Evolution of the psychoanalytic theory of anorexia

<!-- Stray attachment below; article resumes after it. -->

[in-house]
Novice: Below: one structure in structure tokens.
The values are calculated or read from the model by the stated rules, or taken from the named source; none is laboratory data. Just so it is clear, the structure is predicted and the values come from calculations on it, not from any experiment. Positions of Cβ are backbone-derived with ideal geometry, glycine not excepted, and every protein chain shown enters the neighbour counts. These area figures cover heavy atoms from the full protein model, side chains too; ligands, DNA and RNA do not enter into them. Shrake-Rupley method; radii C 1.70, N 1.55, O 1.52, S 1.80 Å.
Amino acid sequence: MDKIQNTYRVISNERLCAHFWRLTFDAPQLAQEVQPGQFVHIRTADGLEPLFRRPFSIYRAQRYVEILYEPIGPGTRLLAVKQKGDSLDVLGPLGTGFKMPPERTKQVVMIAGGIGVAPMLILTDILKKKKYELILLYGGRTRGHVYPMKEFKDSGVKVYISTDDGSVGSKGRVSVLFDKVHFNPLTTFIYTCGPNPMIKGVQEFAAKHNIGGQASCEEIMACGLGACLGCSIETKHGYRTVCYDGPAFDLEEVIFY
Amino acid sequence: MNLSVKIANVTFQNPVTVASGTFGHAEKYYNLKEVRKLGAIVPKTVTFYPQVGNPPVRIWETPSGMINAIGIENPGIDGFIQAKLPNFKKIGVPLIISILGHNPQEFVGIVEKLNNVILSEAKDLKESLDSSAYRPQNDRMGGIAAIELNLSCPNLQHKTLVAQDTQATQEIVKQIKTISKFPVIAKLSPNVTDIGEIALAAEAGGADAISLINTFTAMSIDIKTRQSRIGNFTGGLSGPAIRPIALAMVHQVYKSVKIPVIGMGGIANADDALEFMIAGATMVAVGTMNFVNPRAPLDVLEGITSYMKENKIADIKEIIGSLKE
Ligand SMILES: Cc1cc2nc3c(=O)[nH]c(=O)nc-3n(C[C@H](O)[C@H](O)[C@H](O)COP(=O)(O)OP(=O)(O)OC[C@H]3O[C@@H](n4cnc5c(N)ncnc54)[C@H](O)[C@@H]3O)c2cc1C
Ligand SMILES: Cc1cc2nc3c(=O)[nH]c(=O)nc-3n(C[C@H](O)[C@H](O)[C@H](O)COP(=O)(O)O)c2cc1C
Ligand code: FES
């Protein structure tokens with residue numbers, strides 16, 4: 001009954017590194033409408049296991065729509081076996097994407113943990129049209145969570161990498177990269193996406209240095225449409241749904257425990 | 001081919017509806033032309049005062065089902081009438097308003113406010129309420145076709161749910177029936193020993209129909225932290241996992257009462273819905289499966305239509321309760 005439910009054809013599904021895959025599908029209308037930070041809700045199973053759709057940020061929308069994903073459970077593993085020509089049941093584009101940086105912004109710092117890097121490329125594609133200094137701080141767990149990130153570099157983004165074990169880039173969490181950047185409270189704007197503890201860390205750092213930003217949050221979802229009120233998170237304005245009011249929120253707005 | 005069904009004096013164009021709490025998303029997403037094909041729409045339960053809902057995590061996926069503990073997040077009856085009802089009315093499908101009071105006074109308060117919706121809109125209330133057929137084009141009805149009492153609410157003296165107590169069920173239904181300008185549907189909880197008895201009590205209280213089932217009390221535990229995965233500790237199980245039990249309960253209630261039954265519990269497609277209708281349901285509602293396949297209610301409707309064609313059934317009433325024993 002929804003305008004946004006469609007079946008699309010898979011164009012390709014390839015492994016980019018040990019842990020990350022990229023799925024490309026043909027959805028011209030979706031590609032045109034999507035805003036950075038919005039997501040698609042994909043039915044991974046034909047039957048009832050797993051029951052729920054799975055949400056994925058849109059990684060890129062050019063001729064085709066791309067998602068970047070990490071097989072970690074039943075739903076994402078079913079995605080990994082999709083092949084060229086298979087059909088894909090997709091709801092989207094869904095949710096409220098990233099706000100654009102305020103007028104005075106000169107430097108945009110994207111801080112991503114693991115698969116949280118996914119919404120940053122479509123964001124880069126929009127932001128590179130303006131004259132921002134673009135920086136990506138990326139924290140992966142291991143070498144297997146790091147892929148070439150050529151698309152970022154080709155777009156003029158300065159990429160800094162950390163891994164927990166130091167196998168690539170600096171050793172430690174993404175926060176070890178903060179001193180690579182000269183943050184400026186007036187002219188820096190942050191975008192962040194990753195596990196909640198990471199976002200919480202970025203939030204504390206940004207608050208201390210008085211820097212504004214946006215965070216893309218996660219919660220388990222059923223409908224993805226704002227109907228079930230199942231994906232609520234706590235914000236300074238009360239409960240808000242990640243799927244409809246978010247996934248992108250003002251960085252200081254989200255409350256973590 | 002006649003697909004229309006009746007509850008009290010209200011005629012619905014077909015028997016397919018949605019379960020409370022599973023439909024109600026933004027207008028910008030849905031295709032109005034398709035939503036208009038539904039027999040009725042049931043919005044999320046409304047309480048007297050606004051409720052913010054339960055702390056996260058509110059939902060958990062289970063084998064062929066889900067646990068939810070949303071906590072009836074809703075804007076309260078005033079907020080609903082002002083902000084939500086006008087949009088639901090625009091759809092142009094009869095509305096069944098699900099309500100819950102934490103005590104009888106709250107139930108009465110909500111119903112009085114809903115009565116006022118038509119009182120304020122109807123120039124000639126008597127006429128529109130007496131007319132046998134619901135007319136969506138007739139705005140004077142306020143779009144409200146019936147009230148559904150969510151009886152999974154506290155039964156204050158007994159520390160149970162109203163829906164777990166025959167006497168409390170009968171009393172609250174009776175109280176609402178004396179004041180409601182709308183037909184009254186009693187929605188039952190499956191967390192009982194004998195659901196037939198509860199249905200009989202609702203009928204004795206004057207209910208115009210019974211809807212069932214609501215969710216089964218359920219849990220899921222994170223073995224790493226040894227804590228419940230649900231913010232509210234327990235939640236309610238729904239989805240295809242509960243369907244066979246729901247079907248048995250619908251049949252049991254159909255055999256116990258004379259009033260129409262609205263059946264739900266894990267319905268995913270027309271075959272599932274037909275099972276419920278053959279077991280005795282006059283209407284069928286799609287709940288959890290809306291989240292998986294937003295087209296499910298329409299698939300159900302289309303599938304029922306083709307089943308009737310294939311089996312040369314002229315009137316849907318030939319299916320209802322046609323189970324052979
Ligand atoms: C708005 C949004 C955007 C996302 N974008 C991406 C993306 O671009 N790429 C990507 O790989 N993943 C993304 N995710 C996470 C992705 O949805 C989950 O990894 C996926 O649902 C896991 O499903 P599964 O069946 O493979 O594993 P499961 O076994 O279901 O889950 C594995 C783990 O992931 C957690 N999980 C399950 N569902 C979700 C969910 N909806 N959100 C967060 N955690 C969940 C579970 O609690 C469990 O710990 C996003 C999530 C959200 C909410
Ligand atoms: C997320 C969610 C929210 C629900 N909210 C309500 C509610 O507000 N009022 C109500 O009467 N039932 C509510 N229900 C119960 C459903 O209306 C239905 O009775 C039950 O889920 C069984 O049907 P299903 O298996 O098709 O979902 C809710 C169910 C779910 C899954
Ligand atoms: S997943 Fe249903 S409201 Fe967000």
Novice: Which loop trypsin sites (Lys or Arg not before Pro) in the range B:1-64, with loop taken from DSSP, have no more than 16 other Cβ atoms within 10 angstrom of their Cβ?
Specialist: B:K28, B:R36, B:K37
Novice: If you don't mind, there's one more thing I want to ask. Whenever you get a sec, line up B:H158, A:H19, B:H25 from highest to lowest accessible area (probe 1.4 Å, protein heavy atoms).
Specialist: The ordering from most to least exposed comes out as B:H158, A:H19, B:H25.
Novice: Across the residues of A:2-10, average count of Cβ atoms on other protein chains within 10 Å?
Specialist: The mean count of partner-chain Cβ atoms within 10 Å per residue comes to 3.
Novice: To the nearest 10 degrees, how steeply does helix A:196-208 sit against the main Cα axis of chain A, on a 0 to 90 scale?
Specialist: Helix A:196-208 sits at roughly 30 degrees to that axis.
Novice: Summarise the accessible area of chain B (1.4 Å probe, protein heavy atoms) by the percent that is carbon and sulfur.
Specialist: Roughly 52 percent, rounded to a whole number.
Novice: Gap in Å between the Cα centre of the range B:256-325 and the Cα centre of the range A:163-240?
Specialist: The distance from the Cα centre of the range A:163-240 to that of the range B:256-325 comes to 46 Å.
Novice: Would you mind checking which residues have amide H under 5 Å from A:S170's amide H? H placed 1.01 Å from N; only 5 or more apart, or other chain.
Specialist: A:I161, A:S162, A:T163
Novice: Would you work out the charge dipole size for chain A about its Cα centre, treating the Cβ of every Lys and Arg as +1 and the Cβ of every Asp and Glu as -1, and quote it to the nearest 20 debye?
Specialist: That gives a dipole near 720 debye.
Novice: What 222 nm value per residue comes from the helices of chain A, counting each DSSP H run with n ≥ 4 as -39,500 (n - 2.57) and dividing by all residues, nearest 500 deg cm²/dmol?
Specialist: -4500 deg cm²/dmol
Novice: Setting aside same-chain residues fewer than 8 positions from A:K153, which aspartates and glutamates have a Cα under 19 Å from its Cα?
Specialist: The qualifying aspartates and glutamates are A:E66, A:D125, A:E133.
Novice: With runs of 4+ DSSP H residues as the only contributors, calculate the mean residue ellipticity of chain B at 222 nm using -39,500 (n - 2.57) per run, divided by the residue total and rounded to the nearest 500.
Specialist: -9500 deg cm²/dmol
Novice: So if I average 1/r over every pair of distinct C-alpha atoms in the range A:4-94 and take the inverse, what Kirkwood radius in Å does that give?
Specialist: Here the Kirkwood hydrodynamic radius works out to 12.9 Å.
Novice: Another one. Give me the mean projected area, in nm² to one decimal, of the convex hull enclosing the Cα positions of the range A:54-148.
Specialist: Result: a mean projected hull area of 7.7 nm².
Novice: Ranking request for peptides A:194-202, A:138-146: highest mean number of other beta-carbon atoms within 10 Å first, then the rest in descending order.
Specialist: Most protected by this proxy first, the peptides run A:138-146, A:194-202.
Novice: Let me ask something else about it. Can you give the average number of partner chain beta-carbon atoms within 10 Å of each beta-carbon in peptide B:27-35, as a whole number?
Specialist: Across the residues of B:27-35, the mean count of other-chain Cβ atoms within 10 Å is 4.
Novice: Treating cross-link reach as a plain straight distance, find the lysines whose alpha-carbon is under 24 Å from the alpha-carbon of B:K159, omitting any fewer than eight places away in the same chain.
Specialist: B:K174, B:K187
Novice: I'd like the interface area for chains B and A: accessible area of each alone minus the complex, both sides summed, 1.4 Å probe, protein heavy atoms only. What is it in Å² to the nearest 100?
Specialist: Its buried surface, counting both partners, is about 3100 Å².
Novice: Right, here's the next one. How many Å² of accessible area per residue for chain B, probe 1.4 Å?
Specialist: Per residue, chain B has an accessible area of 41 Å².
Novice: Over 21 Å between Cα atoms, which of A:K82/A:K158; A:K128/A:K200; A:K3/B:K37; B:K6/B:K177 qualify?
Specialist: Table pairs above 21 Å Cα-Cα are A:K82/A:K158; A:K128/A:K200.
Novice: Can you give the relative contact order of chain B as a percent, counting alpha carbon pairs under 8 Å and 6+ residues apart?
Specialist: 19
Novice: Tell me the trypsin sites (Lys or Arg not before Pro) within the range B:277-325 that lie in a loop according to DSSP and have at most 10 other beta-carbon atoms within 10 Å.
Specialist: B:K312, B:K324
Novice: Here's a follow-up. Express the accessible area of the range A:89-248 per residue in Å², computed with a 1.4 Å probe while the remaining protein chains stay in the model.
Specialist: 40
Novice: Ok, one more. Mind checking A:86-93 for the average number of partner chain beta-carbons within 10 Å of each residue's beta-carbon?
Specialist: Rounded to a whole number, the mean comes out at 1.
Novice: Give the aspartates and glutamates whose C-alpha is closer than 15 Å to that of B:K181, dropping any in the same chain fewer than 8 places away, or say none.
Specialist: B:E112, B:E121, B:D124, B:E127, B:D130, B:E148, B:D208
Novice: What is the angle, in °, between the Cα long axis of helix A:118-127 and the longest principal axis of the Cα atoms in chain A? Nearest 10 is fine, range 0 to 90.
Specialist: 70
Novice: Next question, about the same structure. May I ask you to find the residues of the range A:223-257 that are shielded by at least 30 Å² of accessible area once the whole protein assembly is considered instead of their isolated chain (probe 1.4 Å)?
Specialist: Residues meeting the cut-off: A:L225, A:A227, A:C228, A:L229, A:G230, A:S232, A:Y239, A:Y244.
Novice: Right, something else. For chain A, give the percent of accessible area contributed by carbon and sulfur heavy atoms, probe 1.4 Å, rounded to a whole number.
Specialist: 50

The author carries out a brief theoretical and bibliographic review on the various psychoanalytic perspectives that have tried to focus on multiple aspects of anorexia and introduces her hypothesis by exploring new points of knowledge on the disorder through the presentation of a case of early anorexia. The article focuses on the complex intrapsychic and relational vicissitudes of the anorexic world, following the Bionian theory (1965) of “transformations into hallucinosis”; it is a question of an “other” world, wonderful and “superior”, different from the human one of the given body. By making a pact with the divinity, the anorexic produces a double movement of denial, both with respect to the breast and the “lower” maternal body, and with respect to the mating of the parents; the denials multiply, extending, with puberty, to the prescription of the sexuality of one’s own body and to the multiple fragments of reality involved. In the context of a terrible complicity with the “savior” father, antagonist at the breast (Camassa, 2012) and against the breast and the mother, patients with anorexia cannot grow: they are always, eternally, nine years old, like the nymphs of Artemis. If the analyst allows himself to be dazzled by the narcissistic exaltation of the cult of the “superior” body without distancing himself from it, he will be able to understand, with his tools, the reasons for this incarnation and avoid witnessing the mortification of the real body. In the hypothesis set out, the terrible effects of the great anorexia are, from the patient’s point of view, the martyrdom of the upper body, its via crucis, the destiny of the Incarnation.